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Previous Speakers

Changyong Park

Changyong Park

Carnegie Institution for Science, USA

Stephan Rosenkranz

Stephan Rosenkranz

Argonne National Laboratory, USA

Xing-Zhong Li

Xing-Zhong Li

University of Nebraska, USA

Serife Yalcin

Serife Yalcin

Harran University, Turkey

Eui-Hyeok Yang

Eui-Hyeok Yang

Stevens Institute of Technology, USA

Joseph Orgel

Joseph Orgel

Illinois Institute of Technology, USA

Bernd Hinrichsen

Bernd Hinrichsen

BASF SE, Germany

Huifang Xu

Huifang Xu

University of Wisconsin–Madison, USA

Crystallography Congress 2018

About Conference


After overwhelmed success of the previous conferences, we are excited to announce that “4th International Conference on Crystallography & Novel Materials” will be held in November 19-20, 2018 at Bucharest, Romania. The theme of our conference is “Using Novel Materials exploring different Crystallography Techniques”. Crystallography Congress 2018 initiates a world technical crystallography congress to learn about the latest development and different techniques, as well as how to launch new applications of novel materials and technologies in crystallography.

This conference provides a perfect symposium for scientists, engineers, directors of companies and students in the field of Materials EngineeringCrystallography, Nano Materials and related fields to meet and share their knowledge. We will be happy to bring together experts from different countries and exchange their views, reinforce knowledge base, and learn new concepts. With the participation of outstanding international experts prompt keynote presentations, Oral talks, Poster presentations and Exhibitions. We sincerely invite you to join us and your presence will certainly add value to the conference and very much appreciated!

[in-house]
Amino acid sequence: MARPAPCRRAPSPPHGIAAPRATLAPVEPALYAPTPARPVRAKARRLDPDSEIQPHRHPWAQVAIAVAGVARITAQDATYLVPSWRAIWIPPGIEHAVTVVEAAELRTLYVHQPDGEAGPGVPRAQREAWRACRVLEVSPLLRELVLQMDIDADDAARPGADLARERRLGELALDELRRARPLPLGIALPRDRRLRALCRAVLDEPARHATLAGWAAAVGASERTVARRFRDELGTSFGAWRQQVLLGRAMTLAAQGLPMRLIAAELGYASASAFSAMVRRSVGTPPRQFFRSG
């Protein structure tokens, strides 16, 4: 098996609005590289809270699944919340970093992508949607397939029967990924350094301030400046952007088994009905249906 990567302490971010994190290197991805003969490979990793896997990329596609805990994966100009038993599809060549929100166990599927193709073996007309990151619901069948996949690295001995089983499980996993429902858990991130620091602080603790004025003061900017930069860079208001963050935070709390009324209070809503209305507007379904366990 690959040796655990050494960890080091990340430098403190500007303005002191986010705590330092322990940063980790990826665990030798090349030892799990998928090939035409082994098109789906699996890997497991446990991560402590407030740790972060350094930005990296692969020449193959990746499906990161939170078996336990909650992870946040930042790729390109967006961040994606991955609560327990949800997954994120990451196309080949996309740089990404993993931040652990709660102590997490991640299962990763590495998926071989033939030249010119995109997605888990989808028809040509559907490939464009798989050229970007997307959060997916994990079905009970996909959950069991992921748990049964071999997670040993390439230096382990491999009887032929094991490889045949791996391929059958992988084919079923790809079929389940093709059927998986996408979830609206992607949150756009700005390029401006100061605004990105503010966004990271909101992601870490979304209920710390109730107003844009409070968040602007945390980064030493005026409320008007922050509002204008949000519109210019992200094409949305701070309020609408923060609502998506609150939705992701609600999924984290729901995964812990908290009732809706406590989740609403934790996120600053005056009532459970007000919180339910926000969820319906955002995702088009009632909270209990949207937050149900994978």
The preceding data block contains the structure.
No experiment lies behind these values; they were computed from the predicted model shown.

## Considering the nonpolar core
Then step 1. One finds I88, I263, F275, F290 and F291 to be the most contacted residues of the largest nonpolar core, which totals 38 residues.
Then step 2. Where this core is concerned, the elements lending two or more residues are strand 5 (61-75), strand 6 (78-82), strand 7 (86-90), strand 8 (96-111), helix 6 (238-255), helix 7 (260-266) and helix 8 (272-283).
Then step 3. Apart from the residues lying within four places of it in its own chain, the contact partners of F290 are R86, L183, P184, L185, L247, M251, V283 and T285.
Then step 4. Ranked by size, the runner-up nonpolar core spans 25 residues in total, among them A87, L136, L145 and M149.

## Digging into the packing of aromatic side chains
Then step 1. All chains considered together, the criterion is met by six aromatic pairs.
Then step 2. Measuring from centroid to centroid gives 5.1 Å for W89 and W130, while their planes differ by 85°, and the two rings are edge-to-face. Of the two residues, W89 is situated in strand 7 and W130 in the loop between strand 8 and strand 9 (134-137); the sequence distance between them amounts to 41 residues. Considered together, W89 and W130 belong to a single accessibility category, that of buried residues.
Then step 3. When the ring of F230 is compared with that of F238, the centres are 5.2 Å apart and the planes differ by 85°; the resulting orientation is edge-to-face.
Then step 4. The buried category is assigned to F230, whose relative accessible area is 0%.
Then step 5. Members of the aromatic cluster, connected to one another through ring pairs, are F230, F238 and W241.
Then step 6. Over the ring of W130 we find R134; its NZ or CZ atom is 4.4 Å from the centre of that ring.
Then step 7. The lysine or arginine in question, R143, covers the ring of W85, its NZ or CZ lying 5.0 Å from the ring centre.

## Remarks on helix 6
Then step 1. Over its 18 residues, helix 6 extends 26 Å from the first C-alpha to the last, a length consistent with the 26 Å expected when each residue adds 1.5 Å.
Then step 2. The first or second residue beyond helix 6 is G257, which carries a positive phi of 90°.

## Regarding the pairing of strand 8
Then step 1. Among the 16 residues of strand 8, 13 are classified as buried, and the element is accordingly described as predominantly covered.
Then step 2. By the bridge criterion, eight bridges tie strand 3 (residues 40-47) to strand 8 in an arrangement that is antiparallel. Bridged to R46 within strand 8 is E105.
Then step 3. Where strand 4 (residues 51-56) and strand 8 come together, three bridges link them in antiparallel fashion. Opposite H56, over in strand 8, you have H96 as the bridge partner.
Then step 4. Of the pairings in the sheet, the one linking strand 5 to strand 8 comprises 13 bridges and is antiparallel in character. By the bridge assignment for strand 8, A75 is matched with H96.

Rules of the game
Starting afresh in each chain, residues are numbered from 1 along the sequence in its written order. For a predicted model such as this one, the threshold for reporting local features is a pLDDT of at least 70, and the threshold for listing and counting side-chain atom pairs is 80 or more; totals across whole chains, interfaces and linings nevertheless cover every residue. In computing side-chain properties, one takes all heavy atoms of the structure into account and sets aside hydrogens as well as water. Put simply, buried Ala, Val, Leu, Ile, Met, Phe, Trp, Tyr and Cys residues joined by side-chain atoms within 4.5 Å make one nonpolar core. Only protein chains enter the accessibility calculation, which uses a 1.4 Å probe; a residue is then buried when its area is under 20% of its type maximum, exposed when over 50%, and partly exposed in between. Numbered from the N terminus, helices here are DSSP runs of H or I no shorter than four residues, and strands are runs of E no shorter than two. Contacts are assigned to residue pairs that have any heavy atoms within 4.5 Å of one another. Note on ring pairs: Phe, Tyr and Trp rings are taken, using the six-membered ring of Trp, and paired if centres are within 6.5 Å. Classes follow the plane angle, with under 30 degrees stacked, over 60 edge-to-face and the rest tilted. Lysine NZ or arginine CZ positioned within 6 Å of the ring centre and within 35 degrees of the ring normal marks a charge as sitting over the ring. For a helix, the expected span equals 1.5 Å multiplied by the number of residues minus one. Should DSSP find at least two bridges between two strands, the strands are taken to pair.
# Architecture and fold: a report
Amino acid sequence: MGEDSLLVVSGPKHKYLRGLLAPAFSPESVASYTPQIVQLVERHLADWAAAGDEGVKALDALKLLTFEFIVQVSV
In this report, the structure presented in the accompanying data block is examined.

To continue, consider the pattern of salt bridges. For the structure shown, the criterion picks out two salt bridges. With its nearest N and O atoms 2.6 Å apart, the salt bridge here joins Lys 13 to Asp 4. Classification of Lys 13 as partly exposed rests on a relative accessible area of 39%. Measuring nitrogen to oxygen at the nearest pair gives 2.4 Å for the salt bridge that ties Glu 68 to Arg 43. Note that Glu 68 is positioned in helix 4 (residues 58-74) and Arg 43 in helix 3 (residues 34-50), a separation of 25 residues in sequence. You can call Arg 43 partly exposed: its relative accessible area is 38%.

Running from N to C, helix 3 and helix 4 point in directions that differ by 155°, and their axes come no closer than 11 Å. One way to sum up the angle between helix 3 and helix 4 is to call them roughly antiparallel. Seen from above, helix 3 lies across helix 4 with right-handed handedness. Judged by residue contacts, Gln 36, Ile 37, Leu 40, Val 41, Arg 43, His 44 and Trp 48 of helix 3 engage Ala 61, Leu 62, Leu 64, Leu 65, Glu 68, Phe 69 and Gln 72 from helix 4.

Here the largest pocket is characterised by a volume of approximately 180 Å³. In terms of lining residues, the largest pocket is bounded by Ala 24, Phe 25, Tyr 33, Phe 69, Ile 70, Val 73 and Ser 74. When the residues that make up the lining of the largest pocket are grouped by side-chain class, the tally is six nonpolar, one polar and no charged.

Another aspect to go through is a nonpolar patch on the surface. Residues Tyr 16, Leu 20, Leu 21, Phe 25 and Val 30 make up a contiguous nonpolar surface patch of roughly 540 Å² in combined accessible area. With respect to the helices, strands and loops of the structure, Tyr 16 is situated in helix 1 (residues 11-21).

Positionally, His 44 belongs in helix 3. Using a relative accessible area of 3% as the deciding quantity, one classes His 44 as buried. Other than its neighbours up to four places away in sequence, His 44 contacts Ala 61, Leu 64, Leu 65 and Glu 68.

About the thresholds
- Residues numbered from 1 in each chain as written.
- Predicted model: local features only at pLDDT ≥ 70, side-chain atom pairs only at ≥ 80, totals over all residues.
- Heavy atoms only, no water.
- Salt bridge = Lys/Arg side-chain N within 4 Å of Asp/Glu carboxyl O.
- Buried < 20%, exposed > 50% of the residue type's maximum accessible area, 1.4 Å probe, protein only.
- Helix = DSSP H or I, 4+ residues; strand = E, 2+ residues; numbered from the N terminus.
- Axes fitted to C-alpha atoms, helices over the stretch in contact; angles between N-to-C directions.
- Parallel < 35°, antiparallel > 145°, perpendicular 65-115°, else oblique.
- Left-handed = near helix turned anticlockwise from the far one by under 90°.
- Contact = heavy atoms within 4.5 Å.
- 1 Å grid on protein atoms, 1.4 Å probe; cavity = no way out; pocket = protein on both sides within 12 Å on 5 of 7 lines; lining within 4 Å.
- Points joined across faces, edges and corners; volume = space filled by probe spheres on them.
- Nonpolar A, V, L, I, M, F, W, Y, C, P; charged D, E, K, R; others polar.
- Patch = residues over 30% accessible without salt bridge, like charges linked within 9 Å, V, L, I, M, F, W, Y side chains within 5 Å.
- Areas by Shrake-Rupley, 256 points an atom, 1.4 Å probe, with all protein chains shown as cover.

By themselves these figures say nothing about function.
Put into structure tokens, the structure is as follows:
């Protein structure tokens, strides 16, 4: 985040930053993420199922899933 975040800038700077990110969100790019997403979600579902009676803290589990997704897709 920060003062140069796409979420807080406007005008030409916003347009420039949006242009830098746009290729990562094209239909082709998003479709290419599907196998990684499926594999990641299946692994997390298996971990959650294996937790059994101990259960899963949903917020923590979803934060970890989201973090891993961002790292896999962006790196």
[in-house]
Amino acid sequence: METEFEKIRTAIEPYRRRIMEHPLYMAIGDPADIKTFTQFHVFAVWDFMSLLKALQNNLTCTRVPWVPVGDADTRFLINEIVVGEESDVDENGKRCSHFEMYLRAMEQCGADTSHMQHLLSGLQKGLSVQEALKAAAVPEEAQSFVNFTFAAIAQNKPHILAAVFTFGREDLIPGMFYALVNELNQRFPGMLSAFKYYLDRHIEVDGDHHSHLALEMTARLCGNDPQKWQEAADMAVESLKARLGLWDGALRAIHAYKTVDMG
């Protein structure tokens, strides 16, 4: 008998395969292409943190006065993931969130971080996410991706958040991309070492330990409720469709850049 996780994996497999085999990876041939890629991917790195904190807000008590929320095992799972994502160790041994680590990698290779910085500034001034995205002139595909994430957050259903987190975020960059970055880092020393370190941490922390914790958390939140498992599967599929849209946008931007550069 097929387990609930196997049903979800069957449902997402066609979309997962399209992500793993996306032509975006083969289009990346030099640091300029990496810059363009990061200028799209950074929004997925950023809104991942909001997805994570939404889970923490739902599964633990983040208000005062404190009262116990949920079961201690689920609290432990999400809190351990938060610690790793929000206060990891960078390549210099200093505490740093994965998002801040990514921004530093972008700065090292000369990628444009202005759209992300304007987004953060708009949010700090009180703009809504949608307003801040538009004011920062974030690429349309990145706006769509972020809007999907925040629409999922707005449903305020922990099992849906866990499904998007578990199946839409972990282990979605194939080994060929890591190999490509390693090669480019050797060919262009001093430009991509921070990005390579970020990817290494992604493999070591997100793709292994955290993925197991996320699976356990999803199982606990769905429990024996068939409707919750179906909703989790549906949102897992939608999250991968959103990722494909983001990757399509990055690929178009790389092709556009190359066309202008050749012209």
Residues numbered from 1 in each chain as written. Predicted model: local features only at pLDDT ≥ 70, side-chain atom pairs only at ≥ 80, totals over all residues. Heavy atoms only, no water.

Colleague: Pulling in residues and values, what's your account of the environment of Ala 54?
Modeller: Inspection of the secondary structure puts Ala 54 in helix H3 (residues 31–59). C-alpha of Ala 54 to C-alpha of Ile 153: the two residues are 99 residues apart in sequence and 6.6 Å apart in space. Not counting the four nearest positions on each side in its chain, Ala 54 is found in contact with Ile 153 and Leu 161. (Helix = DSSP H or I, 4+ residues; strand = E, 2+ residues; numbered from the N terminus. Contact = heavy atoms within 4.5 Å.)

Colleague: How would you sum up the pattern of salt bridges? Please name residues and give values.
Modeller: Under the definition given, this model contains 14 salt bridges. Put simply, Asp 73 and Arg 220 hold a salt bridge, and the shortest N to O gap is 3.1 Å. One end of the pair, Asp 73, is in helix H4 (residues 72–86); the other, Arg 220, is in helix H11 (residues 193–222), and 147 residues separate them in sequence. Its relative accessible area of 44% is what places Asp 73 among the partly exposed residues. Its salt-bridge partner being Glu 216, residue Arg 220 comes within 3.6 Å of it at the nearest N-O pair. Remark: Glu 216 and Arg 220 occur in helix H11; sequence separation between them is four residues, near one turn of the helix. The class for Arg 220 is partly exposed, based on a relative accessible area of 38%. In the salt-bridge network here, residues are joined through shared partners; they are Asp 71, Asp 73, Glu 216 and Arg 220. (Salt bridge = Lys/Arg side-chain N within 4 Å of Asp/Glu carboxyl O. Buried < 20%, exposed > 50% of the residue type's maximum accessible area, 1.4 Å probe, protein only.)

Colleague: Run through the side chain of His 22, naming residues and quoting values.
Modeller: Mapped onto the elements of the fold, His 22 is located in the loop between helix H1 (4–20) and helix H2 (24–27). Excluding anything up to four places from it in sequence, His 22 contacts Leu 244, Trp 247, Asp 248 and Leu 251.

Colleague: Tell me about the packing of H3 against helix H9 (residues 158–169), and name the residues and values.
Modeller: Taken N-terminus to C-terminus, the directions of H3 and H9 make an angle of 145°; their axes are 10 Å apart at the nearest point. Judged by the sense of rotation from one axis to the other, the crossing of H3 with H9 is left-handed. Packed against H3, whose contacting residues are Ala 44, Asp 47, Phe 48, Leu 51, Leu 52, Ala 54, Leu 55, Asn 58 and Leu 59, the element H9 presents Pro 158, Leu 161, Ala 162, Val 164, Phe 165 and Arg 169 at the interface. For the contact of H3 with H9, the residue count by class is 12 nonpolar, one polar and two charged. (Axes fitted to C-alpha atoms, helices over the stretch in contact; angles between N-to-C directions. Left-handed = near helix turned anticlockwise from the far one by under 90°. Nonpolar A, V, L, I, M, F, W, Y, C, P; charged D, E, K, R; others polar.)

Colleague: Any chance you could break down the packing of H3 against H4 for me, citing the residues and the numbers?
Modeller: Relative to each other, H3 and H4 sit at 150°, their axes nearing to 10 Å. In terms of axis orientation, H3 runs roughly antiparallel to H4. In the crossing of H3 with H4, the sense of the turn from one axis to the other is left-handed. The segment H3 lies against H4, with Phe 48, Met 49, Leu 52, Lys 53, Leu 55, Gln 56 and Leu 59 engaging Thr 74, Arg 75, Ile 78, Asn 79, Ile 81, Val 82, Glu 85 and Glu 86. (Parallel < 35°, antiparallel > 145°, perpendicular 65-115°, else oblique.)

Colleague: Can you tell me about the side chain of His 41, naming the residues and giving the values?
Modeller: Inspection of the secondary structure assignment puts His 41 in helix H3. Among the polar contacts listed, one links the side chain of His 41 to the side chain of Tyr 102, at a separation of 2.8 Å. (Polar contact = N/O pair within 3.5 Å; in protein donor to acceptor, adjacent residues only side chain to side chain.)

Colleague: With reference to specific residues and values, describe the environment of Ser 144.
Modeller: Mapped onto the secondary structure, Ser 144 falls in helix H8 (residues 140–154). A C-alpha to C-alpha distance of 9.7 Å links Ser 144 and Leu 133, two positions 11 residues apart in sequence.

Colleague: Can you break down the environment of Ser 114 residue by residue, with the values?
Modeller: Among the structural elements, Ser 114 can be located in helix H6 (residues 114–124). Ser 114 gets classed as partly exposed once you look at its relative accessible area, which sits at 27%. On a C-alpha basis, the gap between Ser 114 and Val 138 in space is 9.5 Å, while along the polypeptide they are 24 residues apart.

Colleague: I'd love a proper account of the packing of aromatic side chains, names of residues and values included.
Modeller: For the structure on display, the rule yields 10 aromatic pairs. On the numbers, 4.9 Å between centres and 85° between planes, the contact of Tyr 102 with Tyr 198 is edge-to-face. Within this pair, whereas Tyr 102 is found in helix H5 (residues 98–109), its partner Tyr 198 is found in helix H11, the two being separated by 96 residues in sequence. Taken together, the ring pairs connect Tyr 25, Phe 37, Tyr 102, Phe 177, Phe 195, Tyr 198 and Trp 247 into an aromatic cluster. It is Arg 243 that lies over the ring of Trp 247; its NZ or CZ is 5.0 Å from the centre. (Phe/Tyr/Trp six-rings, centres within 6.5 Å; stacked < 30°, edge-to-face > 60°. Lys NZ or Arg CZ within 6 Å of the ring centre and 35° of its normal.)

ME Conferences conducts Novel conferences, Symposia and Workshops, concerning current international interest. ME Conferences want to serve the global information community in the development and distribution of high quality, scholarly conferences. It aim to support Global research communities, by empowering clusters of scientists to regularly meet and discuss topics with frontrunners in the field. These conferences cover diverse top ranked specialties and budding aspects of important and relatively broad subject areas. Organize conferences for knowledge sharing and providing global platform to explore and learn new researches in their respective fields.

Why to attend??

This conference Crystallography Congress 2018 will focus on different types of Crystallography topics like Protein crystallography, Crystallography in Biology, Chemical Crystallography, Crystallography in Materials Science, Electron crystallography, Crystallography congress invites you for plenary talks, symposium , workshops, invited sessions and oral and poster sessions from various universities and associations. This will be the best opportunity to outreach the large gathering of participants from all around the world and get name recognition at this two-day event. World-eminent speakers, most recent researches, latest techniques and the advanced technologies in crystallography using novel materials are the principal features of this conference.